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Nike said Thursday it has settled its lawsuit against MSCHF, the stunt company that made the controversial "Satan Shoe" in collaboration with rapper Lil Nas X.

The big picture: MSCHF agreed to initiate a "voluntary recall and buy back" of any of the satanic-themed shoes for their original retail price. Given their secondary-market value, it is highly unlikely that any customers will ask the company to buy back their shoes.

  • The shoes, which retailed for $1,018, were going for more than $2,000 on Ebay on Thursday.

Catch-up quick: Nike filed a lawsuit on March 29 over the release of 666 "Satan Shoes," which use a Nike Air Max 97 as their base and supposedly contain a drop of human blood.

  • Last week, a federal judge blocked the sale of the last unsold shoe.
  • As part of Thursday's settlement, MSCHF also agreed to a voluntary recall of its "Jesus Shoes," which also used a Nike Air Max 97 as the base.

What they're saying: "If any purchasers were confused, or if they otherwise want to return their shoes, they may do so for a full refund," Nike said in an emailed statement.

  • "Nike had nothing to do with the Satan Shoes or the Jesus Shoes."

A lawyer for MSCHF said the company was "pleased" with the settlement.

  • "With these Satan Shoes – which sold out in less than a minute – MSCHF intended to comment on the absurdity of the collaboration culture practiced by some brands, and about the perniciousness of intolerance," the lawyer added.
  • "The artistic messages MSCHF hoped to share with these shoes were also powerfully communicated through Lil Nas X’s music video 'Montero (Call Me By Your Name)', and were dramatically amplified by the Nike lawsuit, which brought extraordinary publicity to MSCHF and its works of art."

The bottom line, via Axios chief financial correspondent Felix Salmon: This settlement is clearly a win for MSCHF, although Nike has also made its point that it had no involvement in the blasphemy.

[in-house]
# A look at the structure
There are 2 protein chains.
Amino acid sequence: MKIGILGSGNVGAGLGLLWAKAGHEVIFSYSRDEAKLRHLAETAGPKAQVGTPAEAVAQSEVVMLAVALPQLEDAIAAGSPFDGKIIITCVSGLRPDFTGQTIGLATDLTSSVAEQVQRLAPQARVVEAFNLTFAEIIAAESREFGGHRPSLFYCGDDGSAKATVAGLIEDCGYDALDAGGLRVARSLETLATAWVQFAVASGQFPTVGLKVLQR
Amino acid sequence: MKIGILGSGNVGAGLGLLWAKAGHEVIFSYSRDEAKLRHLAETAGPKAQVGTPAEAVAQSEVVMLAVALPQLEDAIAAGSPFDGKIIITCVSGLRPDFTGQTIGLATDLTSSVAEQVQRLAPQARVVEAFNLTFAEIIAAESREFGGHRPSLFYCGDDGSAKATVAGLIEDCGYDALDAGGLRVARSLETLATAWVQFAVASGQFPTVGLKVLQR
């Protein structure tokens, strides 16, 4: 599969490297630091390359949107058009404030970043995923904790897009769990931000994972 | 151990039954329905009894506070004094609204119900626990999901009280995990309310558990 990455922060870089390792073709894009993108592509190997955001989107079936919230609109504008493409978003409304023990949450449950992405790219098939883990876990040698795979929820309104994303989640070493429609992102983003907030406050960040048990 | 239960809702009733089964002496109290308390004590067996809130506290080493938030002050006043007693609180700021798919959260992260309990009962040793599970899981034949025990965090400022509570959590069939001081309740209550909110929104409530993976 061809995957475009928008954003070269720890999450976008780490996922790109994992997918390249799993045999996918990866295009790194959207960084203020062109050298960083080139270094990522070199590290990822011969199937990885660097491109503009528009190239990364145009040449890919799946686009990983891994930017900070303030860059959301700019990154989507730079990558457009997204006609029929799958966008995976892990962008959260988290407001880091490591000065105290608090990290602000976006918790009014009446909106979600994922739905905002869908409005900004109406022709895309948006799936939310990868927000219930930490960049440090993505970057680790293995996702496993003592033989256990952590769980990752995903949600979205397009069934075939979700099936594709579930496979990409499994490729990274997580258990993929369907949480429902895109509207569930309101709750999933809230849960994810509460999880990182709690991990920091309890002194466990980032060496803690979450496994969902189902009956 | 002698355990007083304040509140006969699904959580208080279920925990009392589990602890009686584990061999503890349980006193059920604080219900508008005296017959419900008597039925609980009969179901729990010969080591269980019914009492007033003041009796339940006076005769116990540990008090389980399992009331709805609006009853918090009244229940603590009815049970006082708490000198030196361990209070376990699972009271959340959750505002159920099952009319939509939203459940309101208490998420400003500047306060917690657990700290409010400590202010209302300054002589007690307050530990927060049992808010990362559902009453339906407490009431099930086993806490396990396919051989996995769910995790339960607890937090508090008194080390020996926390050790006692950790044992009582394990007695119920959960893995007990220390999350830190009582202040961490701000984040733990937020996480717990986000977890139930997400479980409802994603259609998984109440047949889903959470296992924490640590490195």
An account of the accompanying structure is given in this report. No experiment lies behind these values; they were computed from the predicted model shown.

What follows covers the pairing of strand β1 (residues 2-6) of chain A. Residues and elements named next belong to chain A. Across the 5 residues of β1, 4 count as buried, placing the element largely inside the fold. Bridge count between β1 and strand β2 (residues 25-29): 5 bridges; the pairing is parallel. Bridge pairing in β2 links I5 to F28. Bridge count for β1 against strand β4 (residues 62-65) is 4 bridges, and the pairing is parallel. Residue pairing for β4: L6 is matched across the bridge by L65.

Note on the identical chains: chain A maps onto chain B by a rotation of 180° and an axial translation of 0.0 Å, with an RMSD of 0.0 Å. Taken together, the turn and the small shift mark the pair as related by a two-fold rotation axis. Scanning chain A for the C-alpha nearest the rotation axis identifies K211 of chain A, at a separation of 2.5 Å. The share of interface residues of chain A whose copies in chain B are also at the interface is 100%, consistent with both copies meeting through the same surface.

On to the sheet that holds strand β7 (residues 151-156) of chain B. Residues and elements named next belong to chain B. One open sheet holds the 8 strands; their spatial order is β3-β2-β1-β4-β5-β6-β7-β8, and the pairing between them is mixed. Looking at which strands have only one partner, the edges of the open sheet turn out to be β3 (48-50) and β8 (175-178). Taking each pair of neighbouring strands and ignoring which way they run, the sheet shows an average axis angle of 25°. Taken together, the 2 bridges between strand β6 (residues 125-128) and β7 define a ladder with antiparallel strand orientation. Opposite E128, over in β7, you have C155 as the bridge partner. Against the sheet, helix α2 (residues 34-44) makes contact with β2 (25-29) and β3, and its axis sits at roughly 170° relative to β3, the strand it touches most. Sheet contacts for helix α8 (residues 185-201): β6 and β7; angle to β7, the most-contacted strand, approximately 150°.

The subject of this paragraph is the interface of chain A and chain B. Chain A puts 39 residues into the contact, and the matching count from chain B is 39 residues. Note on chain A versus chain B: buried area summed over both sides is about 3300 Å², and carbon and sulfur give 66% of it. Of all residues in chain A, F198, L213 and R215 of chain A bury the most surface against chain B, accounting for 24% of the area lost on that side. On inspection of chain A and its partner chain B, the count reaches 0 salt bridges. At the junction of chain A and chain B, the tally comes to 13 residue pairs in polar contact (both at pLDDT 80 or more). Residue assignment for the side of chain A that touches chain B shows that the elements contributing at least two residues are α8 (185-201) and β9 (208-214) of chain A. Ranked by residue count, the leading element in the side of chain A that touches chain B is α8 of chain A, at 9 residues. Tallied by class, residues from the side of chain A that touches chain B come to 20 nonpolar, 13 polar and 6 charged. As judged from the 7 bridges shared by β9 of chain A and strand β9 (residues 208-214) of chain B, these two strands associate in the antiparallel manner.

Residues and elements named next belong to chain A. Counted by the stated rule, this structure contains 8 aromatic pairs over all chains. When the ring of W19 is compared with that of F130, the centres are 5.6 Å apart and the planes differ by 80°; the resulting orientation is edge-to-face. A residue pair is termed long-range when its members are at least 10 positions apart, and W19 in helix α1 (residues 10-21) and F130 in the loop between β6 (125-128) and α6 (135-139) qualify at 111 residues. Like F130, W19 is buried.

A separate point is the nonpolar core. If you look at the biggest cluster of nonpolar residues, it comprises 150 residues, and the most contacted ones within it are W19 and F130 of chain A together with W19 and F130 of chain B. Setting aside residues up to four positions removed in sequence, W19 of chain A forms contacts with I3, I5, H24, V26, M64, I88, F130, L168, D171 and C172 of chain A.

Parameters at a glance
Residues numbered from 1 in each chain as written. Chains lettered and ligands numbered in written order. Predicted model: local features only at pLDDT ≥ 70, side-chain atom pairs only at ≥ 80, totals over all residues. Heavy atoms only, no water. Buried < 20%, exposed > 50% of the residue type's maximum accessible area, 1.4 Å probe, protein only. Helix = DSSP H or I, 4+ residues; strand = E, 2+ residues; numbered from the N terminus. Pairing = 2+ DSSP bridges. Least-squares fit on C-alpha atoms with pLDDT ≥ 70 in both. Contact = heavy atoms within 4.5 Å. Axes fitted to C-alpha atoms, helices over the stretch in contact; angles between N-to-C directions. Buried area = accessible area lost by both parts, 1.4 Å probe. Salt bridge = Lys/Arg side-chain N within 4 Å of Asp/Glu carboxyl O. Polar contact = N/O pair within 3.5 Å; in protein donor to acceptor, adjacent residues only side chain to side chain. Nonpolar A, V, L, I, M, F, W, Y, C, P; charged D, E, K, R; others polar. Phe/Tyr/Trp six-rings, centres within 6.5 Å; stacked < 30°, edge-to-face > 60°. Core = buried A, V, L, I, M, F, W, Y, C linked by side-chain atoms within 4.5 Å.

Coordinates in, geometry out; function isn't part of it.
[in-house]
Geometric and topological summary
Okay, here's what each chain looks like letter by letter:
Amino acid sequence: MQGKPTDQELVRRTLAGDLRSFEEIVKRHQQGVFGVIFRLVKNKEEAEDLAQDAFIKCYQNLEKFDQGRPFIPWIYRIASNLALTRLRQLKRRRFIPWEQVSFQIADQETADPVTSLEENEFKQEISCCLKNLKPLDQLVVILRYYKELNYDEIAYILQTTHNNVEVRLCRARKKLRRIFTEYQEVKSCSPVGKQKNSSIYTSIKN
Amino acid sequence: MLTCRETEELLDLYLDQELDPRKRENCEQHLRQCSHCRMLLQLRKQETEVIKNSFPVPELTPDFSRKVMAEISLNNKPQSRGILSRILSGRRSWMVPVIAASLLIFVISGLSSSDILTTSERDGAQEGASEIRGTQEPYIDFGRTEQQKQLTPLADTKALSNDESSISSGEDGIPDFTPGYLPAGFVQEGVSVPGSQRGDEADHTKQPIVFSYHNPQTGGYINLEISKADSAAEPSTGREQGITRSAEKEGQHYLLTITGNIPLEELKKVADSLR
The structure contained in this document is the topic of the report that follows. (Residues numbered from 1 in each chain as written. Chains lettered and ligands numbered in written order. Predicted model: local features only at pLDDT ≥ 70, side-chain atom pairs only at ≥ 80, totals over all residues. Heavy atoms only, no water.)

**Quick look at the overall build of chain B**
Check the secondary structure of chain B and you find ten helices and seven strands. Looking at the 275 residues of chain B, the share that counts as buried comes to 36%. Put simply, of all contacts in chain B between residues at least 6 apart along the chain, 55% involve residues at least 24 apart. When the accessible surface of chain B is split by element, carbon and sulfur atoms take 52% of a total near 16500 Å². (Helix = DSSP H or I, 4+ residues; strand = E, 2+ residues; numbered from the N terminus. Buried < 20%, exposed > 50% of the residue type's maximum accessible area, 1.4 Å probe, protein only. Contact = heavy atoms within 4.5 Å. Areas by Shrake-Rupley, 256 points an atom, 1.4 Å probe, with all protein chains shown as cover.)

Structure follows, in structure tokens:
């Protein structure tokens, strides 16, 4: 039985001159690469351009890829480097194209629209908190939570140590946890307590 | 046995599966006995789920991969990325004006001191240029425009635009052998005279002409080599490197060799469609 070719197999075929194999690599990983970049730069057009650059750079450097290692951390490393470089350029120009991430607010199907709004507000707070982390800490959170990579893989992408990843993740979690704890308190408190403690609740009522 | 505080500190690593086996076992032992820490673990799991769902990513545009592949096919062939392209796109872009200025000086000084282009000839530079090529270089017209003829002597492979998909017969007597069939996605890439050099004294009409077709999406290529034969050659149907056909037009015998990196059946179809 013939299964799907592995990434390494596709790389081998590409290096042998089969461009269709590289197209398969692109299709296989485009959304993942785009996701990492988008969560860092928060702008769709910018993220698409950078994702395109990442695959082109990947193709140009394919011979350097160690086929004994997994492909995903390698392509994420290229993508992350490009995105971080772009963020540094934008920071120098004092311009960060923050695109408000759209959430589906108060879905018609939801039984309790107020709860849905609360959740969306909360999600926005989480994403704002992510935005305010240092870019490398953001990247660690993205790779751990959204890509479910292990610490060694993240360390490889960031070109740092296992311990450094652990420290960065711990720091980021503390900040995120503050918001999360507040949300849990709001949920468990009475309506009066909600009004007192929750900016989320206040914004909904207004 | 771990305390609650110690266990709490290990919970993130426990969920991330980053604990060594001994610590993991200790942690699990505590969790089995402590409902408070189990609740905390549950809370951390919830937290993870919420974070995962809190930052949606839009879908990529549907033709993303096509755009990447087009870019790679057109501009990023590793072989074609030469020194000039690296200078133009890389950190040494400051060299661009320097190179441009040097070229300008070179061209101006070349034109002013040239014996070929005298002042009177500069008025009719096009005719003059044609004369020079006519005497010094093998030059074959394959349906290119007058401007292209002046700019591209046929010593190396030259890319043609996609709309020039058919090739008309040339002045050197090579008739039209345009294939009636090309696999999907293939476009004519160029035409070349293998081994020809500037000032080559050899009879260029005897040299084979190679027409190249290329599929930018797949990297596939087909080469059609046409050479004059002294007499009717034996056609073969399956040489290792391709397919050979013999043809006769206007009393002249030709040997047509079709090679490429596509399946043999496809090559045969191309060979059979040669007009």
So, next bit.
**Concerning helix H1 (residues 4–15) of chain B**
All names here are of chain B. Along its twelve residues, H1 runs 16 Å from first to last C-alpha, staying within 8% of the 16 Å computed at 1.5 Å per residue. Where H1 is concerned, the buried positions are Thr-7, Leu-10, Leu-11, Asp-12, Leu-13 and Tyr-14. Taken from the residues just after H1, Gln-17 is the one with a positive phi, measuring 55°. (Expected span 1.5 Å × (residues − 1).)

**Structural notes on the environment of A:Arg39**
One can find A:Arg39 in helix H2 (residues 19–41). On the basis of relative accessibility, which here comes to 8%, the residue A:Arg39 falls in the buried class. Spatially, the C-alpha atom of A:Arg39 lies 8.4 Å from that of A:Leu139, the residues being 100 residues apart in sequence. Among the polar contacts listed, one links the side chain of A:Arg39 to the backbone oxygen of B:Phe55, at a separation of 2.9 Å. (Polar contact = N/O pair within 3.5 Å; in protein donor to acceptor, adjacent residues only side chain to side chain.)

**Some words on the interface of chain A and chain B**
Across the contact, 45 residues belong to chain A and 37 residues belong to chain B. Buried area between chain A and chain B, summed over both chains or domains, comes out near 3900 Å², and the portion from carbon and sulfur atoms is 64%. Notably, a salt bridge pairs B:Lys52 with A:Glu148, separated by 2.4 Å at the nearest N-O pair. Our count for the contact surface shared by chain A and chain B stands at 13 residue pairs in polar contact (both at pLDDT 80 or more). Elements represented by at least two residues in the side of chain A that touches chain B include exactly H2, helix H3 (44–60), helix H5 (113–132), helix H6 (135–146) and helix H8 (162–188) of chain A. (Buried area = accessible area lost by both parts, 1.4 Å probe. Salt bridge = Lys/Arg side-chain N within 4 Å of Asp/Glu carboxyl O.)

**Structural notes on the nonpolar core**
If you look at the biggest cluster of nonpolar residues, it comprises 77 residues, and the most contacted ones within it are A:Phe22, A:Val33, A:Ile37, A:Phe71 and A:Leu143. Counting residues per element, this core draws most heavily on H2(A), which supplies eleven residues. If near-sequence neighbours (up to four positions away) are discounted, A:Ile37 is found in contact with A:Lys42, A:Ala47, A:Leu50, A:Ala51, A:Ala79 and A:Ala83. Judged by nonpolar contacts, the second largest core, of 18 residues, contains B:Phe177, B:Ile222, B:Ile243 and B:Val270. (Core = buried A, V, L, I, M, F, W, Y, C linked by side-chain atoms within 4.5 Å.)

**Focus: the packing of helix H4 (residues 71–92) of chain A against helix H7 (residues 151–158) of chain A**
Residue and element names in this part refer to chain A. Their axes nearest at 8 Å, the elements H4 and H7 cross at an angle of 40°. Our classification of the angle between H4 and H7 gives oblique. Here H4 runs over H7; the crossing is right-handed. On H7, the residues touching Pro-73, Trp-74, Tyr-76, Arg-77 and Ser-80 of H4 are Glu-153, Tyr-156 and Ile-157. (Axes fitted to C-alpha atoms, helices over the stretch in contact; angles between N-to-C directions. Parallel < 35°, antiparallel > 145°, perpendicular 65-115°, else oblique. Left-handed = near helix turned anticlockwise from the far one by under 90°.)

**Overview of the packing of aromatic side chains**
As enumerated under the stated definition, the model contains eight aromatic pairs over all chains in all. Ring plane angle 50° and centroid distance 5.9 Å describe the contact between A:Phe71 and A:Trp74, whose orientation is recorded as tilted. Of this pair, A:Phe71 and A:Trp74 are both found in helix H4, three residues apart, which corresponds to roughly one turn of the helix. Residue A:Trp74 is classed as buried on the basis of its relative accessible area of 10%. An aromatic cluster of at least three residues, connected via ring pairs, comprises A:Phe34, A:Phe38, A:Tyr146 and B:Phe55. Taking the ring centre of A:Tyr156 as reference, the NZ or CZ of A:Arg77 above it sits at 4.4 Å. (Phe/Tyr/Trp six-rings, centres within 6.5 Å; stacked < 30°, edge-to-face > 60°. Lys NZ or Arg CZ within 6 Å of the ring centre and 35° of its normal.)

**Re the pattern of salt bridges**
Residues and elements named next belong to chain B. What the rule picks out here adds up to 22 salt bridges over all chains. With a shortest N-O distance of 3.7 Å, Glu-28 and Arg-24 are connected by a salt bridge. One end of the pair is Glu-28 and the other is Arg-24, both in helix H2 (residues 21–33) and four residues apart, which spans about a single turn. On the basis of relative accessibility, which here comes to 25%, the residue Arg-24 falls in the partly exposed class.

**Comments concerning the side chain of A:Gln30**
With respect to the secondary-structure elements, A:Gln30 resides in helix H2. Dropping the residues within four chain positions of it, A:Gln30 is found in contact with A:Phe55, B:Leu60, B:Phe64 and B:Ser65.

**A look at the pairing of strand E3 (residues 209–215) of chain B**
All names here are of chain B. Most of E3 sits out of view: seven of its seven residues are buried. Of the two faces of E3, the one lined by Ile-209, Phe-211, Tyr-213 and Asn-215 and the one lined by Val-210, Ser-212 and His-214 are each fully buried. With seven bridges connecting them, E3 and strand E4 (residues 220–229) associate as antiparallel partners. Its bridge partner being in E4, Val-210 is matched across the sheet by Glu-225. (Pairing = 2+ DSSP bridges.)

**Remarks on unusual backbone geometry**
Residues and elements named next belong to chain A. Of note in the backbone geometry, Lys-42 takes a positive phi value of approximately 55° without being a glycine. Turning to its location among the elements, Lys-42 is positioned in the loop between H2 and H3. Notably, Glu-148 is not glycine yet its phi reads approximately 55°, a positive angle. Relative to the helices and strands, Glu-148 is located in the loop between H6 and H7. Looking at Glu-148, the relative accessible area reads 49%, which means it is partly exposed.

Go deeper

Dan Primack, author of Pro Rata
47 mins ago - Economy & Business

The great venture capital resignation

Illustration: Rae Cook/Axios

A growing number of top VCs are calling it quits, long before typical retirement age.

Between the lines: Generational turnover isn't new for venture capital, but in the past it's been born of lean times. What we're seeing now is the byproduct of unprecedented success.

Top economic regulators stressed by vacancies

Illustration: Annelise Capossela/Axios

The boom times are all around us (from corporate deal sprees to the breakneck rise of cryptocurrency) — and the agencies in charge are stretched thin trying to police it.

Why it matters: Overwhelmed staff and a slew of vacant posts could set back President Biden's big regulatory agenda.

GOP Sen. Chuck Grassley announces run for re-election

Photo: Greg Nash/The Hill/Bloomberg via Getty Images

Sen. Chuck Grassley (R-Iowa), the longest-serving Senate Republican, announced on Friday that he's running for re-election in 2022.

Why it matters: The GOP is looking to regain control of both chambers of Congress in the upcoming midterm elections. Several Republicans had urged the 88-year-old senator to run to avoid another retirement after five incumbent senators said they wouldn't seek re-election.